Tag Archives: Heart disease

The Heart Attack Grill

Have you heard about the new Las Vegas restaurant, the Heart Attack Grill? The Heart Attack Grill’s menu features high cholesterol and saturated fat meat items such as “Single,” “Double,” “Triple,” and “Quadruple Bypass” burgers as well as “Flatliner Fries” cooked in lard.

Recently, yet another patron of the Heart Attack Grill has reportedly fallen ill, during a meal at the hospital-themed Las Vegas restaurant. CBS reported that a woman is recovering, after collapsing unconscious and suffering a possible heart attack, at the restaurant that serves up high saturated fat and cholesterol fare. If the incident sounds familiar, it is! In February a man suffered a heart attack there, and had to be taken out on a stretcher while eating the restaurant’s “Triple Bypass Burger.”

We’ll say this much – at least the names of the dishes match the diseases they cause. The evidence that saturated fat and cholesterol are behind atherosclerosis, the clogged arteries that cause heart attacks, is already strong and growing each day. Alternative explanations for heart disease, such as that it’s caused by the bacteria from gum disease, just haven’t panned out. Eating fish instead of beef or chicken to prevent heart disease hasn’t worked either, with several recent studies now showing no heart benefit to fish oil in the diet.

While the name of the restaurant and the dishes it serves up are an obvious attempt at humor, some of us aren’t laughing. “Anyone who has ever had someone they love go under the surgeon’s knife or die, because of heart disease, knows the disease isn’t remotely funny,” wrote PCRM director of nutrition education Susan Levin, M.S., R.D., in her letter to Heart Attack Grill owner John Basso. “It’s time to end your bizarre efforts to capitalize on obesity and clogged arteries.”

The facts are sobering. Heart attacks are the number one cause of death in America. Many first heart attacks are fatal. The threat of being at risk for a heart attack, or having to undergo surgery to bypass clogged coronary arteries, has given many a man and woman more than just a few sleepless nights.

Coronary arteries are the small blood vessels that supply the heart muscle with oxygen and nutrients. Cholesterol builds up inside these small arteries, which gradually become clogged. This buildup of cholesterol plaque is called atherosclerosis. If the problem is not corrected a heart attack is likely to ensue.

A common way to correct the problem is through surgery. Coronary artery bypass surgery enables many patients to live a little longer, but it is very invasive and entails some risks and complications. Blood vessels from other parts of the body are used to create detours around the clogged arteries, but eventually these new pathways become blocked as well. That’s what happened to former President Clinton. In his case, doctors reopened the original clogged artery and placed two mesh props called stents to keep it open, but his doctors said that it was likely that he’d need to have the procedure repeated every 5 years or so unless he changed his diet.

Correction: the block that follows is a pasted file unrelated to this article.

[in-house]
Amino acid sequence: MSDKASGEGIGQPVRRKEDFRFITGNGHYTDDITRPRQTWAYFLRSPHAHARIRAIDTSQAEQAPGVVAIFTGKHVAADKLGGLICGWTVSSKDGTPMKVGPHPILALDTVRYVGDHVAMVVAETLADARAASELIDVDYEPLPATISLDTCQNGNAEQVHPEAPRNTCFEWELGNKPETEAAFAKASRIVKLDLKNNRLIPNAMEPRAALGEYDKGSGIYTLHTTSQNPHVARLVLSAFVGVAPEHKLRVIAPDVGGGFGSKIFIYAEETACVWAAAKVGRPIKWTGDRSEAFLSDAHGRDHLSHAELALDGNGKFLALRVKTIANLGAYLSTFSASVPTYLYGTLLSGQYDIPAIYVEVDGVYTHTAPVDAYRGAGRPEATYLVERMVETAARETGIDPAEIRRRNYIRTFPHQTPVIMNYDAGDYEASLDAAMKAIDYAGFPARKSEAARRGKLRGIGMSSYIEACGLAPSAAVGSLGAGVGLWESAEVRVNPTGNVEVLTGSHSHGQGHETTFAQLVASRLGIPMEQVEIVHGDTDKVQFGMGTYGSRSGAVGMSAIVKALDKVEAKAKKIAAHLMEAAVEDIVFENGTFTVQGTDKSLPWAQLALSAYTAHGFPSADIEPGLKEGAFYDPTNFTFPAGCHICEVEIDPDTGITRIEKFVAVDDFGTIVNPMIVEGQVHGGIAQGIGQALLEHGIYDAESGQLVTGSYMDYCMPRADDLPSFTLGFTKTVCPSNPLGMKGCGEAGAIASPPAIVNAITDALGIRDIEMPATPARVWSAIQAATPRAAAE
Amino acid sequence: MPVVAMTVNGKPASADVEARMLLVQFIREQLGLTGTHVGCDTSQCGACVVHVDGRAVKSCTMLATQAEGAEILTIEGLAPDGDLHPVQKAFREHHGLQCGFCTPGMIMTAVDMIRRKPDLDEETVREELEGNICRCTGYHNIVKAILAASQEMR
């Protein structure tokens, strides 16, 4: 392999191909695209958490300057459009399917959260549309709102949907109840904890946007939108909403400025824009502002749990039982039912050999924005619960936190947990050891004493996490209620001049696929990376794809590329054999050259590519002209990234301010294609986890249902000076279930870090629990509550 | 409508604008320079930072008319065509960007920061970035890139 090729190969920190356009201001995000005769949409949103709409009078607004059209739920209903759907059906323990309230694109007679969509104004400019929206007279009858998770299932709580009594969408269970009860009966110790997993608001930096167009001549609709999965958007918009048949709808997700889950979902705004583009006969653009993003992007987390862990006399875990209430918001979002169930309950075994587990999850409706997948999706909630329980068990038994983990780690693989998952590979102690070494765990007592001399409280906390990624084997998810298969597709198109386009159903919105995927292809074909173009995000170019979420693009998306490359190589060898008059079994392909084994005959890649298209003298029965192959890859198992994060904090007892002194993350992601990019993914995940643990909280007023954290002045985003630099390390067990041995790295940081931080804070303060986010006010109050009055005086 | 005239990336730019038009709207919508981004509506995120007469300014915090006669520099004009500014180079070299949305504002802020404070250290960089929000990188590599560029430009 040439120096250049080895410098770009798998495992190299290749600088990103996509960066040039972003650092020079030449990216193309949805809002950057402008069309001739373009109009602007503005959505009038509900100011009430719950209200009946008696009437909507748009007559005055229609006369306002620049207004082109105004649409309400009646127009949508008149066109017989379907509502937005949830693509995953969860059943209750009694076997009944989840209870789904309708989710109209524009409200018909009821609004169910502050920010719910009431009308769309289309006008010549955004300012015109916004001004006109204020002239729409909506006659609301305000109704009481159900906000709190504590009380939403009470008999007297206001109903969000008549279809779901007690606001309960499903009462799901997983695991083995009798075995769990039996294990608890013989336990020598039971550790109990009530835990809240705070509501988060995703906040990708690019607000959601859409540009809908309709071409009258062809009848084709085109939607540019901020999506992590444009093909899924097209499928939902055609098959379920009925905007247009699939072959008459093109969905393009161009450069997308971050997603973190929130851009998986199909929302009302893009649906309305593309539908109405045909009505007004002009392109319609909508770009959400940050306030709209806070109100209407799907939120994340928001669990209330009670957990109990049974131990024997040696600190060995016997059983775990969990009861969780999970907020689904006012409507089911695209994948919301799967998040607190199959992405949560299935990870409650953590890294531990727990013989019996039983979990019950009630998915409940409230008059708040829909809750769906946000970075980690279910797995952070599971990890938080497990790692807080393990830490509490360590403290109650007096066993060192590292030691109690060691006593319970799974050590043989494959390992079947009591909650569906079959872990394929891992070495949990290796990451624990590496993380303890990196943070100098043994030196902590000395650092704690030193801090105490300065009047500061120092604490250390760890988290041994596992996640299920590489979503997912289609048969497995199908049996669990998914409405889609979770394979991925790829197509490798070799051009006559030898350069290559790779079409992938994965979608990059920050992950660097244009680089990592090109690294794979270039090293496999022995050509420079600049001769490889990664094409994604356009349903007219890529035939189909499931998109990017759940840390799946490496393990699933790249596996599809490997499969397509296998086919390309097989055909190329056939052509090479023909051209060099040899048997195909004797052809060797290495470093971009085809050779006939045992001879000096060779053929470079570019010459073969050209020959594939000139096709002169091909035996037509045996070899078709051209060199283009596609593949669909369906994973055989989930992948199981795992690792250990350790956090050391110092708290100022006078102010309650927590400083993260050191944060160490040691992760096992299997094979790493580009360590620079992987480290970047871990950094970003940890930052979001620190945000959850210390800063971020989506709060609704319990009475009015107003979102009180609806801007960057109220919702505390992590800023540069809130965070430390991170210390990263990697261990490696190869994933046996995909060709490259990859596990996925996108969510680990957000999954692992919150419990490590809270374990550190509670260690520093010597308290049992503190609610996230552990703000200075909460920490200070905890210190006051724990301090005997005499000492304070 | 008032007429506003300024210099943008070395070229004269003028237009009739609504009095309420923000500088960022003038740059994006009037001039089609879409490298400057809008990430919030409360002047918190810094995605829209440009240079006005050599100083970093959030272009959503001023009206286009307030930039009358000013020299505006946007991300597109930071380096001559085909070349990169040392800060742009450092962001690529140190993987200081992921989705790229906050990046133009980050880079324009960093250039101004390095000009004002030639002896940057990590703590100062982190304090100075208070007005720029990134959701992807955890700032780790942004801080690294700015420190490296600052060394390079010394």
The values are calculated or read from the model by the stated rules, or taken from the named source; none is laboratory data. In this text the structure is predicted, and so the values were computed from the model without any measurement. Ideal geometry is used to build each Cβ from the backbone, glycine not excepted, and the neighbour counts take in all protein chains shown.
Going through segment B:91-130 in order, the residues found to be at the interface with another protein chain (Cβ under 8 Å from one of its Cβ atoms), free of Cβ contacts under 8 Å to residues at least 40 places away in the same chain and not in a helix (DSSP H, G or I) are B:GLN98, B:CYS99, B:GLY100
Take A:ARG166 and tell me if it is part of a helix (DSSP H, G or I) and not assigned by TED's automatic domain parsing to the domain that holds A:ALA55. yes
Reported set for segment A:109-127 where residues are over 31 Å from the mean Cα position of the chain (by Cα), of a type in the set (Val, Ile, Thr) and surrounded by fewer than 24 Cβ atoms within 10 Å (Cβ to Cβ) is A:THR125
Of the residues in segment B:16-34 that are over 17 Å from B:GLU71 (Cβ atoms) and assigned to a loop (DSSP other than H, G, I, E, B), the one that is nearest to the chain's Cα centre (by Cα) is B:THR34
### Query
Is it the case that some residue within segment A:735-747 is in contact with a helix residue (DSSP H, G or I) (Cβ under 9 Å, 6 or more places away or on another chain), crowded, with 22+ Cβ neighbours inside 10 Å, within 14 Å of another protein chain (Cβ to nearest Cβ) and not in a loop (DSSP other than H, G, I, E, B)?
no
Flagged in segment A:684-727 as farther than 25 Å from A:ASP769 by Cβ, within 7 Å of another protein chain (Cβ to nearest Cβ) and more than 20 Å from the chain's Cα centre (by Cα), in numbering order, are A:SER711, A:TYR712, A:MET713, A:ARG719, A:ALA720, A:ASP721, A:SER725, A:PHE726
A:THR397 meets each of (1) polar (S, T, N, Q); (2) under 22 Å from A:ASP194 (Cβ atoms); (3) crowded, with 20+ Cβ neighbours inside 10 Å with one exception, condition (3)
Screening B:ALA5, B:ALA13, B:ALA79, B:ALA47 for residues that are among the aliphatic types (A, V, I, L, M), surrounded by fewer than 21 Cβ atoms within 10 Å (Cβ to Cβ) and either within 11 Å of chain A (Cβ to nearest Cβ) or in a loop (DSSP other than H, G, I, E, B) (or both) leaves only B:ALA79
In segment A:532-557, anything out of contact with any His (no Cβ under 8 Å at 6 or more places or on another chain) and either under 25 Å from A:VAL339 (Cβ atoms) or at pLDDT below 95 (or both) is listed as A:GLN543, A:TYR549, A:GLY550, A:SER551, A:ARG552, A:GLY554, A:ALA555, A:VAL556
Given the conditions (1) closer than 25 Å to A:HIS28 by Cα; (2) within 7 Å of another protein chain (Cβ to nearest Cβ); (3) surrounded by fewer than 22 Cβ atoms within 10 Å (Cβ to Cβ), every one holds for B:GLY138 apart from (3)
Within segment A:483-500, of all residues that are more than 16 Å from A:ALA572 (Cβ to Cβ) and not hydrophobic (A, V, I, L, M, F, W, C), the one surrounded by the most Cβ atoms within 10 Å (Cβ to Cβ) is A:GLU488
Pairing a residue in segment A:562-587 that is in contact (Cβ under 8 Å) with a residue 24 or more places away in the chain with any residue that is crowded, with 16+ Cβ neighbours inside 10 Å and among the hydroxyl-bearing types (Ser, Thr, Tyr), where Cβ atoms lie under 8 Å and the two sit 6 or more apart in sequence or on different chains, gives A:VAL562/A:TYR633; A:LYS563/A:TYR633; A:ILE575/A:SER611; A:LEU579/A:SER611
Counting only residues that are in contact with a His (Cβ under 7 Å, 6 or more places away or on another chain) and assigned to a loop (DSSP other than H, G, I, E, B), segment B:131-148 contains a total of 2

As is so often the case, a healthy low fat vegetarian diet is the answer, as it has been shown in scientific studies time and time again to unblock clogged arteries and reverse heart disease. The now famous Texas cardiologist, Dean Ornish, took patients destined for bypass surgery and placed them on a vegetarian diet instead. The results were striking. The blockages started reducing in size, and the arteries opened up. The heart’s ability to pump started to improve in only 24 days. There was a 91% reduction in chest pain. Within a year, his patients, who were barely able to walk initially, were literally hiking up mountains and riding bicycles. Other doctors tried testing a vegetarian diet on their patients and got the same results as Ornish. At this point, countless patients around the world have been “rescued” by the humble yet powerful vegetarian diet. Other studies have shown that a low-fat vegetarian diet, by itself, is at least as powerful at lowering the cholesterol levels of patients, as the American Heart Association Diet combined with a cholesterol-lowering drug.

As the old saying goes “an ounce of prevention is worth a pound of cure.” The good news is that a healthy vegetarian diet helps prevent heart disease, and reduces the risk of arteries reclogging after heart disease has already set in. Doctors have known about this for a long time. Back in 1961, the editor of the Journal of the American Medical Association said that “a vegetarian diet will reduce coronary occlusions [clogged coronary arteries] by 97%”.

The reason for this is simple. A vegetarian diet is much lower in saturated fat and cholesterol. A vegan diet goes a step further and has no cholesterol at all. As an extra bonus, the plant foods that are so plentiful in a vegetarian diet have also been shown to reduce blood pressure.